But circumstances right now are anything but normal. Consider what would happen next year if the Obama administration gave in to the deficit hawks and scaled back its fiscal plans.

Would this lead to lower interest rates? It certainly wouldn’t lead to a reduction in short-term interest rates, which are more or less controlled by the Federal Reserve. The Fed is already keeping those rates as low as it can — virtually at zero — and won’t change that policy unless it sees signs that the economy is threatening to overheat. And that doesn’t seem like a realistic prospect any time soon…”

Read more of what Paul Krugman has to say HERE about the economy.

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Filed under Barack Obama, Economic Crisis, economy, Financial crisis, Frederal Reserve, Free Fall, Nobel Laureate, NY Times, Paul Krugman

Paul Krugman Wins Economics Nobel

Paul Krugman, a professor at Princeton University and an Op-Ed columnist for The New York Times, was awarded the Nobel Memorial Prize in Economic Science on Monday.

Mr. Krugman received the award for his work on international trade and economic geography. In particular, the prize committee lauded his work for “having shown the effects of economies of scale on trade patterns and on the location of economic activity.” He has developed models that explain observed patterns of trade between countries, as well as what goods are produced where and why. Traditional trade theory assumes that countries are different and will exchange different kinds of goods with each other; Mr. Krugman’s theories have explained why worldwide trade is dominated by a few countries that are similar to each other, and why some countries might import the same kinds of goods that it exports….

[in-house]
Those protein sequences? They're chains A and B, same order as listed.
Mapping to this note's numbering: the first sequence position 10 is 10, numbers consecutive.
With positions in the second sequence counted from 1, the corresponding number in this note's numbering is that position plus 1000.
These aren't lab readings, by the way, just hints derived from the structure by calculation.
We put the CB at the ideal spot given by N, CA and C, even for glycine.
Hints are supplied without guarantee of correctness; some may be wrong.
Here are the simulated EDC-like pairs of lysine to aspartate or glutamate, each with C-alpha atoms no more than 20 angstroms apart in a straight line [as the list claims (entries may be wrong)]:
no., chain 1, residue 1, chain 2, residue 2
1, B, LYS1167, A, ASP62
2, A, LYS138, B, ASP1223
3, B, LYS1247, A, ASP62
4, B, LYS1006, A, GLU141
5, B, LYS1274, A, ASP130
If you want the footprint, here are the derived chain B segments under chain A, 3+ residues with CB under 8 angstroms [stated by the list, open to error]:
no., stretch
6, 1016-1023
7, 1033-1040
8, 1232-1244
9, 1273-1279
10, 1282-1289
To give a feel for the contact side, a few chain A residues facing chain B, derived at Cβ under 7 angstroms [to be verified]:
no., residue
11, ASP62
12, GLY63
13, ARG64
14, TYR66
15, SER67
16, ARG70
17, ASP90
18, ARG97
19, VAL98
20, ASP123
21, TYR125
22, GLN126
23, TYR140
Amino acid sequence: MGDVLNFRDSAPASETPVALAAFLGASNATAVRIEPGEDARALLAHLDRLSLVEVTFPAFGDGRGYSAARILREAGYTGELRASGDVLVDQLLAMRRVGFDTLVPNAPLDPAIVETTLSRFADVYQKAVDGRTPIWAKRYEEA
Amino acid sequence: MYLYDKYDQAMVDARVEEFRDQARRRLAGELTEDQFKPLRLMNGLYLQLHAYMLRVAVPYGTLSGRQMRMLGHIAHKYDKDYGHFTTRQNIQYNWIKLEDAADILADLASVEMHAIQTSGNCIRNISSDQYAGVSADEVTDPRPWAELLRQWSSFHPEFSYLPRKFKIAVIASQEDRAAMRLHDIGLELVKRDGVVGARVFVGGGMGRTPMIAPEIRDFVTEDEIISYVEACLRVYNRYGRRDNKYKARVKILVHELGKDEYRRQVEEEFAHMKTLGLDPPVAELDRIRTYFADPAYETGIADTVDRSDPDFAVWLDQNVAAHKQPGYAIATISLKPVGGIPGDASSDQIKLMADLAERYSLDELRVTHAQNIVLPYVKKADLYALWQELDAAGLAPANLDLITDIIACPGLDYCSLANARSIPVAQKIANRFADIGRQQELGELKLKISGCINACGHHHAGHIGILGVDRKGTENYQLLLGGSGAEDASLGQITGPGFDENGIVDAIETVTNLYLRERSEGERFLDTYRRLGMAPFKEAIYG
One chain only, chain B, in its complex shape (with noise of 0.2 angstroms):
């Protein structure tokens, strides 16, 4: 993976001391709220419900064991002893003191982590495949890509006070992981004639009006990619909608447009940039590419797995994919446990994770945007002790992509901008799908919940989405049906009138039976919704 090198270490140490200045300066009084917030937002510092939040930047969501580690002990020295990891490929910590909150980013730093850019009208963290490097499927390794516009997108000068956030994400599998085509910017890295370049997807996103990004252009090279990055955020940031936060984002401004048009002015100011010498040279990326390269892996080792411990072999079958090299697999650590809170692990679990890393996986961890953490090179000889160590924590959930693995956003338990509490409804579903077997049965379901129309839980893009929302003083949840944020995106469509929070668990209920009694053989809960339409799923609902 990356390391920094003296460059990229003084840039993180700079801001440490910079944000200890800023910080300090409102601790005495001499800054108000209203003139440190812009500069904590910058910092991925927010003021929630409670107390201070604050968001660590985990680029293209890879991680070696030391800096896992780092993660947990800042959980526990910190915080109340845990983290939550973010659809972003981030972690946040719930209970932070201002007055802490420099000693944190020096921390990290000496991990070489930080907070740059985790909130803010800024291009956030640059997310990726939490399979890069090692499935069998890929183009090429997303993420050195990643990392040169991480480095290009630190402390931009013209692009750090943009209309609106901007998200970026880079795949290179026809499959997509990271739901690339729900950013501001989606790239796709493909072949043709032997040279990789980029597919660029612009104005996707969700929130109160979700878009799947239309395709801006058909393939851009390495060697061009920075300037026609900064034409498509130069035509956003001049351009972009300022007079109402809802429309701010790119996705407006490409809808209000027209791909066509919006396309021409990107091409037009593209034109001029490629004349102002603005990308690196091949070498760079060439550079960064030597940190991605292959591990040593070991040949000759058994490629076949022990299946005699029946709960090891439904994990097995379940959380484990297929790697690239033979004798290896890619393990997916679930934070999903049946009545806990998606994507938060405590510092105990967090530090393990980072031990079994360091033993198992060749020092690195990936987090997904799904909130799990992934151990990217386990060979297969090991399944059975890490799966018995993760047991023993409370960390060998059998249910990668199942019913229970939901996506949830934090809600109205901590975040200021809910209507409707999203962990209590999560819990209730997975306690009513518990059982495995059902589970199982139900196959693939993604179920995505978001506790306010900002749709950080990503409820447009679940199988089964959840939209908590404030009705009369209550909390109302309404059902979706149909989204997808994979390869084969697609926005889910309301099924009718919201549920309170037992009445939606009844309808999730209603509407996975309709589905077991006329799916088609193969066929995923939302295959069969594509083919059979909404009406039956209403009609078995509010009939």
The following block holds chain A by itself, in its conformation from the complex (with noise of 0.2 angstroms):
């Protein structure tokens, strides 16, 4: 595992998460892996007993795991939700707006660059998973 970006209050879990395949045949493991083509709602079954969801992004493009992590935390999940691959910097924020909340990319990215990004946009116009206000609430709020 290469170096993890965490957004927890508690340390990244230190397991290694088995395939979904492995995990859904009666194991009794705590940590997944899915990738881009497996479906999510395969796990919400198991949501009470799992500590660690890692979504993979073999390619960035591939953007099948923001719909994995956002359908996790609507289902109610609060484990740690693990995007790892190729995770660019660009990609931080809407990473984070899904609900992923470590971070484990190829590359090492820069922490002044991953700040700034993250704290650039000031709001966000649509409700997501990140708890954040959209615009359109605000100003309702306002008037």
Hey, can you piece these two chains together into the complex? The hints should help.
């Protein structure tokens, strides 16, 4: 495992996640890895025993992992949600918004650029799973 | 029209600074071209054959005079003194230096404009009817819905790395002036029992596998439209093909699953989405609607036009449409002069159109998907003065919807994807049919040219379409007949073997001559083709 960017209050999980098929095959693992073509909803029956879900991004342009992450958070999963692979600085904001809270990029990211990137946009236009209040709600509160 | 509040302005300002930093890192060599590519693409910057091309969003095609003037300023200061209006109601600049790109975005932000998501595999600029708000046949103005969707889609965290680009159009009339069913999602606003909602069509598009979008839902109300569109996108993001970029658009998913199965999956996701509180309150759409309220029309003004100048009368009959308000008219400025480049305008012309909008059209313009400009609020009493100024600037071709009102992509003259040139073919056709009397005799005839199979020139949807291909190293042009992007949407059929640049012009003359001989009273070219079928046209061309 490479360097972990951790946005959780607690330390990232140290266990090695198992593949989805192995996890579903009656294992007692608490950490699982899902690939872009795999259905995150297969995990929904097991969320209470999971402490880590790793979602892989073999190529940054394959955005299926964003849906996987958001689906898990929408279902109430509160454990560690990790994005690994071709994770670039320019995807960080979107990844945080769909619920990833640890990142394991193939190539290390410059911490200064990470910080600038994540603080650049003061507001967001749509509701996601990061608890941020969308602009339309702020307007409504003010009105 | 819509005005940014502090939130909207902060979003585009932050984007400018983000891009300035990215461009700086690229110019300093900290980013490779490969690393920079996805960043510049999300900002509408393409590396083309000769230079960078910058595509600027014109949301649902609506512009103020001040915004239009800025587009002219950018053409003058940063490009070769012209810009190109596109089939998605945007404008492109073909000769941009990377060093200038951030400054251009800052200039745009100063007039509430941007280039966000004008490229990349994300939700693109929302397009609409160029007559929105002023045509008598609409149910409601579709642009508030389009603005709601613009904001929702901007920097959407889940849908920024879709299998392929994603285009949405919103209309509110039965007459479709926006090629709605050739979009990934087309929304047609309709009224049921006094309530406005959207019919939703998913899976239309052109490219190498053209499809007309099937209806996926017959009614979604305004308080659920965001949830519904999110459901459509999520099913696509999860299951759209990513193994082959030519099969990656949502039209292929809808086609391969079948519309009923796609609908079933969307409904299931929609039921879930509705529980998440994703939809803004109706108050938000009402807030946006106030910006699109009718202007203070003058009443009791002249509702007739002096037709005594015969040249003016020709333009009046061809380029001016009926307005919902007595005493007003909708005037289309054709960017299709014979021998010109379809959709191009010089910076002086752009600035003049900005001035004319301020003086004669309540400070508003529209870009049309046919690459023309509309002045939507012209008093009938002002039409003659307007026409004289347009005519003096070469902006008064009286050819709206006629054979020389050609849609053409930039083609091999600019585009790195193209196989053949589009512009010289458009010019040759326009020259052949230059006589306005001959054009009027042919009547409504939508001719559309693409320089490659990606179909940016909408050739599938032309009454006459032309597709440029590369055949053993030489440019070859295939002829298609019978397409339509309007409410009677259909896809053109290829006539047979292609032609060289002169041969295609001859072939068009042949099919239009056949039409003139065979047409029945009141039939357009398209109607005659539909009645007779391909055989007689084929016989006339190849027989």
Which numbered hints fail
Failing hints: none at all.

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Filed under economics, Nobel Prize, NY Times, Paul Krugman

>Paul Krugman Wins Economics Nobel

>Paul Krugman, a professor at Princeton University and an Op-Ed columnist for The New York Times, was awarded the Nobel Memorial Prize in Economic Science on Monday.

Mr. Krugman received the award for his work on international trade and economic geography. In particular, the prize committee lauded his work for “having shown the effects of economies of scale on trade patterns and on the location of economic activity.” He has developed models that explain observed patterns of trade between countries, as well as what goods are produced where and why. Traditional trade theory assumes that countries are different and will exchange different kinds of goods with each other; Mr. Krugman’s theories have explained why worldwide trade is dominated by a few countries that are similar to each other, and why some countries might import the same kinds of goods that it exports….

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Filed under economics, Nobel Prize, NY Times, Paul Krugman

Health Care Destruction

since some of last nights debate was about health care i found the following article by NY Times columnist Paul Krugman timely. It also spells out how disastrous John McCain’s heath plan would be.

PAUL KRUGMAN – NY Times
Sarah Palin ended her debate performance last Thursday with a slightly garbled quote from Ronald Reagan about how, if we aren’t vigilant, we’ll end up “telling our children and our children’s children” about the days when America was free. It was a revealing choice.

You see, when Reagan said this he wasn’t warning about Soviet aggression. He was warning against legislation that would guarantee health care for older Americans — the program now known as Medicare.

Conservative Republicans still hate Medicare, and would kill it if they could — in fact, they tried to gut it during the Clinton years (that’s what the 1995 shutdown of the government was all about). But so far they haven’t been able to pull that off.

So John McCain wants to destroy the health insurance of nonelderly Americans instead.

Most Americans under 65 currently get health insurance through their employers. That’s largely because the tax code favors such insurance: your employer’s contribution to insurance premiums isn’t considered taxable income, as long as the employer’s health plan follows certain rules. In particular, the same plan has to be available to all employees, regardless of the size of their paycheck or the state of their health.